In 1963, folk musicologist Tom Hoskins, inspired by the OKeh recordings, was able to locate Hurt near Avalon. He was not easy to find. Hoskins noticed that Hurt sang of “Avalon, my home town,” but was not able to locate the tiny town until he found it on an old atlas. Remarkably, at 71 years of age, Hurt’s guitar skills were still intact, and his mellow voice was as charming as ever. Hoskins encouraged Hurt to move to Washington, DC and begin performing on a wider stage.

Whereas his first releases had coincided with the Great Depression, Hurt’s new career could hardly have been better timed. A stellar performance at the 1963 Newport Folk Festival  saw his star rise among the new “folk revival” audience, and Hurt soon was busy playing at colleges, concert halls, coffee houses, and even on the Tonight Show with Johnny Carson. For three years until his death, Mississippi John Hurt was a star, after a lifetime of toil as a manual laborer.

Vanguard Records released a new album, Today! in 1966. An impressive live recording of a concert at Oberlin College in April 1965 was released under the title The Best of Mississippi John Hurt, featuring 21 songs. The Immortal Mississippi John Hurt, was released posthumously, as was the Last Sessions album. Several later albums were released on the Piedmont label. To the end, Hurt’s voice and guitar and guitar playing remained remarkably strong.


John Hurt’s guitar and singing style was atypical of Mississippi bluesman in its melodic character and almost whimsical tone. Both his guitar playing and his voice expressed a sweet, mellow quality, and he was as comfortable with rag-time and religious songs as with blues. In fact his use of traditional 12-bar blues forms was relatively rare. In many ways he was a throw-back to the early days of southern music when black and white musicians played together in bands for whomever cared to listen and dance. Unlike many blues players, his vocalizations were clearly enunciated and highly melodic.

Hurt’s guitar playing is particularly accessible to young players because of its clarity and emphasis on melody. He tended to play full, ringing, individual notes rather than damping his chords for rhymic effect or using a slide. His solo to “Candy Man” is a classic, which has been imitated by thousands of young finger-pickers. Country-folk master Doc Watson brought Hurt’s style to wide audiences when, in the mid 1960s, he covered “Spike Driver Blues” and other Hurt songs.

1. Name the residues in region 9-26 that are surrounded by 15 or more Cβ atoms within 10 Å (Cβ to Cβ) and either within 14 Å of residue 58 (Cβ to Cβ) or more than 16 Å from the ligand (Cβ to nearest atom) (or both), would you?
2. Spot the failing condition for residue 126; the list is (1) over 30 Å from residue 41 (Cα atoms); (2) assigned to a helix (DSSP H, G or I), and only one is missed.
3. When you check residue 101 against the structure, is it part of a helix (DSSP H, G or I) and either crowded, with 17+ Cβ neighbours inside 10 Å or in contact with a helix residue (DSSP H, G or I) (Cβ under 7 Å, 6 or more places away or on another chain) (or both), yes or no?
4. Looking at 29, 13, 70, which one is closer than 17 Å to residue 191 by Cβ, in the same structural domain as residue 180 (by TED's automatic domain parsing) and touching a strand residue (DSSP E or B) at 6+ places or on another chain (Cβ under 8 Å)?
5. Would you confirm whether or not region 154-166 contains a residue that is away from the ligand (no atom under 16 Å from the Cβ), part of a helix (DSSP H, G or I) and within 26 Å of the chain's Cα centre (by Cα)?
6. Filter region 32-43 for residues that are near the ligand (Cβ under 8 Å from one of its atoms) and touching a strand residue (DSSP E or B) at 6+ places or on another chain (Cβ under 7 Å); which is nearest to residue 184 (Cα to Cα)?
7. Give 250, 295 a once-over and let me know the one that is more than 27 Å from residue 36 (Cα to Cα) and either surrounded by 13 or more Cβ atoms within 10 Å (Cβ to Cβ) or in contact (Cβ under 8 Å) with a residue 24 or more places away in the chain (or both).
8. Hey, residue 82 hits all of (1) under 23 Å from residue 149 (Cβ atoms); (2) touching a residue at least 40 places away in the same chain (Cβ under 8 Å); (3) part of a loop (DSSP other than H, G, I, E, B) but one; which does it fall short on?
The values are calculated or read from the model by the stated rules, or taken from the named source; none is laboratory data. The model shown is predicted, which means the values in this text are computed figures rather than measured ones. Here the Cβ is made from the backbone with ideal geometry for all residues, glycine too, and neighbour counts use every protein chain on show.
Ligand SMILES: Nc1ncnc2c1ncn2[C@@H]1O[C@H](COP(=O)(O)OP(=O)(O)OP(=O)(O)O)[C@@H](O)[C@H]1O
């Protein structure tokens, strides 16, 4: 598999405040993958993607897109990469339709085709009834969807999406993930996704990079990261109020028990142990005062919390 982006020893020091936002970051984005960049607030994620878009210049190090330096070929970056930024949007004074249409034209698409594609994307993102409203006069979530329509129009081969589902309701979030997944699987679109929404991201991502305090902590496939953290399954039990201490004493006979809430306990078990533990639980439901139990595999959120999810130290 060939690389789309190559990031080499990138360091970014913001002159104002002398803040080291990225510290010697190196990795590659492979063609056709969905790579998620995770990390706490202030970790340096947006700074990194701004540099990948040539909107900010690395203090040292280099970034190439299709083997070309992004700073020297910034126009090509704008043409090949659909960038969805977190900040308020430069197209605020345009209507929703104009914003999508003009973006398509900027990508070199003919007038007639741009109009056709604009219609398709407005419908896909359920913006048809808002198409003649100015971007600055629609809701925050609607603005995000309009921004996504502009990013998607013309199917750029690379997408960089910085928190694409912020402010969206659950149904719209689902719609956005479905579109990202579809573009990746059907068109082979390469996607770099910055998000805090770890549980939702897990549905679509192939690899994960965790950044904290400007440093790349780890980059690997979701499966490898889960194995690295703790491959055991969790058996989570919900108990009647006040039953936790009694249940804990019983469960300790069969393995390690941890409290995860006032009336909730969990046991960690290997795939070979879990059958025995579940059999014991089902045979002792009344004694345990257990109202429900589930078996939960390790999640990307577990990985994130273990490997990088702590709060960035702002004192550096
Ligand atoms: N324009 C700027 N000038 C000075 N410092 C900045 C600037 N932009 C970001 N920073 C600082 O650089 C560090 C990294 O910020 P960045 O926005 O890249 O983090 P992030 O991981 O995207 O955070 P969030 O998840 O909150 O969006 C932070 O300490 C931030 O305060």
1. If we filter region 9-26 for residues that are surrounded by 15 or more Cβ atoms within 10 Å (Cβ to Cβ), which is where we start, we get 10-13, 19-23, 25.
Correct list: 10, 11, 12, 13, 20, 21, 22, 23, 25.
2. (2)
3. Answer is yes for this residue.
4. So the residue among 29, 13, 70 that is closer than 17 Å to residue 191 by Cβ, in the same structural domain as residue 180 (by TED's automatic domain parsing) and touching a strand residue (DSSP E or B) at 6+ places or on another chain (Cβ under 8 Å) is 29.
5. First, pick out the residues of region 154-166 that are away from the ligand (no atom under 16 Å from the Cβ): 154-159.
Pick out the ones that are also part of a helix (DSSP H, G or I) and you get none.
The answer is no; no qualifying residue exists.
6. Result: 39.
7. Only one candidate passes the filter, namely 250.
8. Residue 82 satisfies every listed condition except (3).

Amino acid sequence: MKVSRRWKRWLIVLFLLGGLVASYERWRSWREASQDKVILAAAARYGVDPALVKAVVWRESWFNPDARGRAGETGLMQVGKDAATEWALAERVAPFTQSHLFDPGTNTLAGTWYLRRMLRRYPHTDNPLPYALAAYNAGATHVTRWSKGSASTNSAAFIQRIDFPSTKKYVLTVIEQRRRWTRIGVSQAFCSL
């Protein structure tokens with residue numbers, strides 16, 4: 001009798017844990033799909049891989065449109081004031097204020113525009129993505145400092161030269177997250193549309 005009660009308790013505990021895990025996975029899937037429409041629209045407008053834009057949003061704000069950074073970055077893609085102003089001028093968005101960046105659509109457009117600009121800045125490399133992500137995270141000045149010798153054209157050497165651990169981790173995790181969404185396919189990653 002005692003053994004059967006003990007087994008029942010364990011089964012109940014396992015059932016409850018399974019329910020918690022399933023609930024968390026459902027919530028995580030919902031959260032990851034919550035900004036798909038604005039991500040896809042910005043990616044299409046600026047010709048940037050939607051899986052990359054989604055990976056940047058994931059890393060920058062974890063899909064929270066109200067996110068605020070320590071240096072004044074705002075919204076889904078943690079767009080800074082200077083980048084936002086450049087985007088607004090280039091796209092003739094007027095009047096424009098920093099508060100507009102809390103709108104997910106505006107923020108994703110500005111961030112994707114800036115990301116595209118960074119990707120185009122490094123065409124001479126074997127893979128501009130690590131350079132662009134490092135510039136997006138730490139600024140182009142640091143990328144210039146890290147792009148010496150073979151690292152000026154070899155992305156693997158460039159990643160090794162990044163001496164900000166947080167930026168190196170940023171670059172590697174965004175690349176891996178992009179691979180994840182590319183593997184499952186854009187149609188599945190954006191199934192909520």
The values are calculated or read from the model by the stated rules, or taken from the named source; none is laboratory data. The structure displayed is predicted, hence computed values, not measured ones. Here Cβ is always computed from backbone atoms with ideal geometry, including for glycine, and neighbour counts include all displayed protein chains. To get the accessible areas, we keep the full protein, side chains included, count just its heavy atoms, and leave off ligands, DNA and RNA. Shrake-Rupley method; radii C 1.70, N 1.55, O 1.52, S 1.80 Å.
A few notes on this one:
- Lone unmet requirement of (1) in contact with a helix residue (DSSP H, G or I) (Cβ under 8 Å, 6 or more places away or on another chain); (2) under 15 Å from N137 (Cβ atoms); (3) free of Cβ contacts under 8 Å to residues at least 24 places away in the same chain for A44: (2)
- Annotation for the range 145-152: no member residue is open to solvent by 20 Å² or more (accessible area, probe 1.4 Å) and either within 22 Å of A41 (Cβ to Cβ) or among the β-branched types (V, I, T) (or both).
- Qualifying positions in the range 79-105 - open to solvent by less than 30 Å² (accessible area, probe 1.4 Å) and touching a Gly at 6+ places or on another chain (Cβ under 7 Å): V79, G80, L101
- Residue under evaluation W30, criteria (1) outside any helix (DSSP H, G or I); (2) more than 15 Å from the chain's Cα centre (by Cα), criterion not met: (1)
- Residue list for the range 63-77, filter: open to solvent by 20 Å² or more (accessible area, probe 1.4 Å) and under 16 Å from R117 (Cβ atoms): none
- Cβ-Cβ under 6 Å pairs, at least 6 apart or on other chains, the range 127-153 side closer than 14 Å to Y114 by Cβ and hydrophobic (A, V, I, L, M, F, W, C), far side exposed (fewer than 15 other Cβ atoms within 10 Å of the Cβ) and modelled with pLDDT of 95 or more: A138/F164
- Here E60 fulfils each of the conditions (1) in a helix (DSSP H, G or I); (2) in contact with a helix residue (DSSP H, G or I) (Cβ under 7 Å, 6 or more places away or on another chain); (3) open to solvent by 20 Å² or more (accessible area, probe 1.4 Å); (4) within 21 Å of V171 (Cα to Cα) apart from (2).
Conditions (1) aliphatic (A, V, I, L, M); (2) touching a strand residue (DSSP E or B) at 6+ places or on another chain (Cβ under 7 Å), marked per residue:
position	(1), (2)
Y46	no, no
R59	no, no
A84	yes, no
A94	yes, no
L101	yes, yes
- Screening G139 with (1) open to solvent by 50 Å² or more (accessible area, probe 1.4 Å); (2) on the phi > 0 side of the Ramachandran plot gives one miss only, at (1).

Mississippi John Hurt left a legacy of character as well as music. In his trademark bowler hat, he was a soft-spoken, humble man whose wrinkled face lit up when he smiled. Unlike many bluesmen, his music was often uplifting and light-hearted, even when he was singing about toiling on a railroad or grabbing “a gun and shoot my Susie.” After his come-back, he became more popular than other rediscovered bluesmen, including stars that had easily eclipsed him in the old days, such as Son House and Skip James. He had never been particularly ambitious, and he accepted fame and adulation with remarkable grace.

Part of his later popularity stemmed from the universality of his music, which was never strictly limited to the blues and appealed to white audiences in part because it seemed less alien and primitive than true “Delta” style blues. However, equally important was who he was as a person—warm, unpretentious, and liked by all. Hurt’s influence spans several music genres including blues, country, folk, and contemporary rock and roll. A soft-spoken man, his nature was reflected in his work, which remained a mellow mix of country, blues, spirituals, and old time music to the end.